I am currently down to the one pictured MacBook in inventory which feels great because at some points it seemed like it would take quite some time to get rid of my stash. This article will be about finding something you enjoy to become your income hobby. Most personal finance blogs refer to this as a side gig but that doesn’t sound as appealing as hobby income.
Choosing an income hobby
Although flipping MacBooks works for me, it may not appeal to you and that is totally fine. You should choose something of interest. If you like cars, you could considering repairing them. If you are into pets, you could pet sit, pick up poop, or walk them. Maybe it is a bit of a stretch to think pet lovers would like picking up poop, but the more creative you are the more opportunities for an income hobby.
I used to hate Apple and avoid them to the point of getting a Zune over an iPod. That choice didn’t work out so well, but avoiding an iPhone has. However my wife is an Apple fan and holds one of each of their flagship products. Several years ago she replaced her MacBook with a MacBook Pro because the older one had “died.” Well, being someone who liked to tinker with computers I decided to investigate. I looked up the symptoms, decided my best shot was to replace the RAM, and did so after buying some specialized tools. It was resurrected so I erased everything and sold it for around $300. A few years later I was looking at computers and found a good price for a MacBook and decided it would be a good replacement for hers since it would be around a hundred dollar upgrade for a model three years newer. Then about 6 months ago I started coding and enjoyed using the Terminal, so was sharing her computer.
After I sold my desktop and her iPad we decided I could get my own MacBook. The research for the purchase gave me a solid understanding of the pricing for current and used models. When I saw sales of a few hundred bucks off the normal price I would pounce and buy a couple and then resell. I stick to MacBooks around $1000 and under because the higher end ones result in a higher inventory cost and I believe there is a smaller demand for those since people would prefer to play it safe and purchase from a retailer over me. Since repairs, buying, and selling take time I try to limit my purchases to items which result in at least $75 profit. In case you are in the market for a MacBook I would recommend one that is a year old and if you are risk adverse with Applecare. My current machine I got for $700 off the retail price because it has a dent on the top cover.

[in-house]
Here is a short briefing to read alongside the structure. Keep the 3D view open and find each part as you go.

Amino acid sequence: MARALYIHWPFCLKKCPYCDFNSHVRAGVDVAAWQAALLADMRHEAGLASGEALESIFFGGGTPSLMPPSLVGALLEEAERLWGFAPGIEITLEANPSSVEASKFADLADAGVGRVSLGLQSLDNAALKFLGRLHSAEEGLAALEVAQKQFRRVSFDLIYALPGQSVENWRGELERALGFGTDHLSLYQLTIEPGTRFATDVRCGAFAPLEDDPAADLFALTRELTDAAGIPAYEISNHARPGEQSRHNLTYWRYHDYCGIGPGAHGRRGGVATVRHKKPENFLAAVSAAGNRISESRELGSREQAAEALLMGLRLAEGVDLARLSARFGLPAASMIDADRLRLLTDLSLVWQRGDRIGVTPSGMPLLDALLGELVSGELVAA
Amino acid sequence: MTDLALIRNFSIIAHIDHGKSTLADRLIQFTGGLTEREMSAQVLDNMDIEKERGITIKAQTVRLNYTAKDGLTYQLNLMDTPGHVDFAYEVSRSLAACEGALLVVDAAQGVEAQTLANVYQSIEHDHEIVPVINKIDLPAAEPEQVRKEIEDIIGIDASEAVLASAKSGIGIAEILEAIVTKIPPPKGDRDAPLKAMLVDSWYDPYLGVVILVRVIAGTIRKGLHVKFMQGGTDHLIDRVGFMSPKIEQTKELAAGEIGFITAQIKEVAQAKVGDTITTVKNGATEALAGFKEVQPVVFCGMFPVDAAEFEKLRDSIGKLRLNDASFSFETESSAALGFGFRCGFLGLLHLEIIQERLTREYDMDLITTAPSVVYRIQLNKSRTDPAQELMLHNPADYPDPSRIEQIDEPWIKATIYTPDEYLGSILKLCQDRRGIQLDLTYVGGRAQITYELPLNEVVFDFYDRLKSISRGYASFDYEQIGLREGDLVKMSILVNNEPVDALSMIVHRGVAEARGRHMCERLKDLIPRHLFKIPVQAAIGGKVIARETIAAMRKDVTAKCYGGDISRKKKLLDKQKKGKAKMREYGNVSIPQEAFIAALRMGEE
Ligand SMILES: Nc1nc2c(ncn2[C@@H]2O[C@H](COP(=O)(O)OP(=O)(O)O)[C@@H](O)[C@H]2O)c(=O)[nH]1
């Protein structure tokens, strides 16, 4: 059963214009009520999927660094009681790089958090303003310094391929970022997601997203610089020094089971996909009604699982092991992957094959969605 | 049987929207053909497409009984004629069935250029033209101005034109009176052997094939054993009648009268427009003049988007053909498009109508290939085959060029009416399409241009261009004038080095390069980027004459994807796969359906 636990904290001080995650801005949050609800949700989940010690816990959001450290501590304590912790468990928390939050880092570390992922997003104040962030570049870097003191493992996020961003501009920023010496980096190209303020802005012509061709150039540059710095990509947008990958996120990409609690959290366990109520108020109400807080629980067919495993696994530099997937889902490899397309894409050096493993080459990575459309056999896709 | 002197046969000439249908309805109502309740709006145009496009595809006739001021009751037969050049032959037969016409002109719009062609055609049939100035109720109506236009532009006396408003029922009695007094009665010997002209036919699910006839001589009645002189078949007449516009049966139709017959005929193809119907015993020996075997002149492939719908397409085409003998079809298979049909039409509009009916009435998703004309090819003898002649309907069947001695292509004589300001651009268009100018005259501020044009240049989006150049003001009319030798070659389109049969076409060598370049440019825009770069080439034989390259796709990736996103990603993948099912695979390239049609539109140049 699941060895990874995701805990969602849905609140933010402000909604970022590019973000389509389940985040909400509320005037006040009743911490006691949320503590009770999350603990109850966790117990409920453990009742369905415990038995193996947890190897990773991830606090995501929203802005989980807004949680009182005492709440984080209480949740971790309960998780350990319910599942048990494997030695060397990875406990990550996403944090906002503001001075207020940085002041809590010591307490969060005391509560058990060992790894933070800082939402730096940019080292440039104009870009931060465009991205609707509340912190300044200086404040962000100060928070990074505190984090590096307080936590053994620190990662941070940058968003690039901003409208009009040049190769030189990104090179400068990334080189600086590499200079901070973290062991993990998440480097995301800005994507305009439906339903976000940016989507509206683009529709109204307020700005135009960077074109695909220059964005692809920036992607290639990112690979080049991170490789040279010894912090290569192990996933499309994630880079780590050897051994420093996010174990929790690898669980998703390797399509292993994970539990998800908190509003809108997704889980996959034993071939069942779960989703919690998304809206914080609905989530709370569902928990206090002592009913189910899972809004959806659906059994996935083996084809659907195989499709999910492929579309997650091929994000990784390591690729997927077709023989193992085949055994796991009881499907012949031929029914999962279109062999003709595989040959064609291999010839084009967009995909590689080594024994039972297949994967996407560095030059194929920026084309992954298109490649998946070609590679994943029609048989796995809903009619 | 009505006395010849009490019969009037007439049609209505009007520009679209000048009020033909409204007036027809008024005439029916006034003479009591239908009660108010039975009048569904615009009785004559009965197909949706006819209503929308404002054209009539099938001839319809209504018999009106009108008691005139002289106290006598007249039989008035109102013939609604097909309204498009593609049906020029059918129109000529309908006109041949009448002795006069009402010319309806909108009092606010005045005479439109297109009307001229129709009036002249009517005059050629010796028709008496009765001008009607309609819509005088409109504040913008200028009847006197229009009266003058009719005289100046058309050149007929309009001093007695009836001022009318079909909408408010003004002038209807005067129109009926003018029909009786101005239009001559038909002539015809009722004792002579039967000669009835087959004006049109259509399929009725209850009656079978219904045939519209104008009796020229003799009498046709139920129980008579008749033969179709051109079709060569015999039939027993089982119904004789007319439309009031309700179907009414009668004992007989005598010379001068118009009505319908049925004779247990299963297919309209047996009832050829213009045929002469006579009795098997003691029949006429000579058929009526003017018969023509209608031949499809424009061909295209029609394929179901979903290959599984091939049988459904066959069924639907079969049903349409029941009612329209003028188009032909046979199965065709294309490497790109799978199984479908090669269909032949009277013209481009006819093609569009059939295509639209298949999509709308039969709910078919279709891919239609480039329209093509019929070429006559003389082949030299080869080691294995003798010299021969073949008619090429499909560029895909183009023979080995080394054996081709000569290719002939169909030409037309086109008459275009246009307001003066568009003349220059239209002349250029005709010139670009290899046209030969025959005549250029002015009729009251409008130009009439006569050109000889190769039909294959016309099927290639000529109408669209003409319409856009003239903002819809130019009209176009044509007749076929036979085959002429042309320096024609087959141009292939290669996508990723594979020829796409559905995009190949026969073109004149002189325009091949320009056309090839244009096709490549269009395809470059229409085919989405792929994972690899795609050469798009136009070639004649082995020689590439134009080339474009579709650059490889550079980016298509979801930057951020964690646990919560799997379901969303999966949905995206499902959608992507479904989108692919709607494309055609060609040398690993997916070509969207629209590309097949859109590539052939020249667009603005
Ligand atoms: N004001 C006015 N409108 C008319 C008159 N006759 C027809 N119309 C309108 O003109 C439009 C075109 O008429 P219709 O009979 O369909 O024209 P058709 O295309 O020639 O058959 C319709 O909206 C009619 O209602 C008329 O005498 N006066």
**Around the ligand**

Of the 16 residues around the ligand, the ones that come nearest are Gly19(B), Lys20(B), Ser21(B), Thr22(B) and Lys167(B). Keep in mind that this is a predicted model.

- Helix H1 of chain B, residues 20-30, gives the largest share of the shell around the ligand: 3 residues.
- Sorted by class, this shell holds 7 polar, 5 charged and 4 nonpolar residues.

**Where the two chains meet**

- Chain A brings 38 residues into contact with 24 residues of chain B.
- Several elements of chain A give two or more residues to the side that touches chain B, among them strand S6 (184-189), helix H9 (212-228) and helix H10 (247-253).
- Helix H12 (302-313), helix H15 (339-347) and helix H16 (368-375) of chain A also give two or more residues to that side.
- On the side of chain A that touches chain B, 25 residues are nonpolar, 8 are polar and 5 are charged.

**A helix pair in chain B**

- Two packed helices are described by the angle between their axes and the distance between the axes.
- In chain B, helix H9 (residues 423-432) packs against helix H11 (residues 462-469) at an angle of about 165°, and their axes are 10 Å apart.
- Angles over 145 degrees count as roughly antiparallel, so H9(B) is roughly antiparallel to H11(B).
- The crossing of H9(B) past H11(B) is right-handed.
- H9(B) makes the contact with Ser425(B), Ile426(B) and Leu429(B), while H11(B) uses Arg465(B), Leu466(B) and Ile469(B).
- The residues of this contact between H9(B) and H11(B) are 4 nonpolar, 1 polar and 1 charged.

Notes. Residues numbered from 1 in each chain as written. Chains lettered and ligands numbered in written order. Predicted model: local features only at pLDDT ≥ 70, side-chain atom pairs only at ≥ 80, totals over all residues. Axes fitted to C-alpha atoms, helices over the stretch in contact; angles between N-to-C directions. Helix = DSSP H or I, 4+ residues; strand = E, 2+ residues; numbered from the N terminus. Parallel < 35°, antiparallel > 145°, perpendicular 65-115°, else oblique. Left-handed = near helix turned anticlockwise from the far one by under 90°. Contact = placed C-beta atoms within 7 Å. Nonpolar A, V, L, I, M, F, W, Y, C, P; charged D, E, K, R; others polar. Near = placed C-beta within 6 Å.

There certainly are risks to income hobbies. I could buy a MacBook that is beyond my repair skill level or could hang onto it for so long that the price drops to below my purchase price. Before MacBooks I tried to get good deals on cameras, but I ended up losing money on some because I didn’t understand the market.
If you are going to make some hobby income come up with your desire to do something and you needed profit. For instance, if you would be thrilled to get a Lincoln an hour to build miniatures make sure your 100 hour project is going to sell for at least $500. I know $5 an hour is less than minimum wage, but you are enjoying yourself and getting paid. Kudos to anyone who got the pun of MacBook Pro in the title.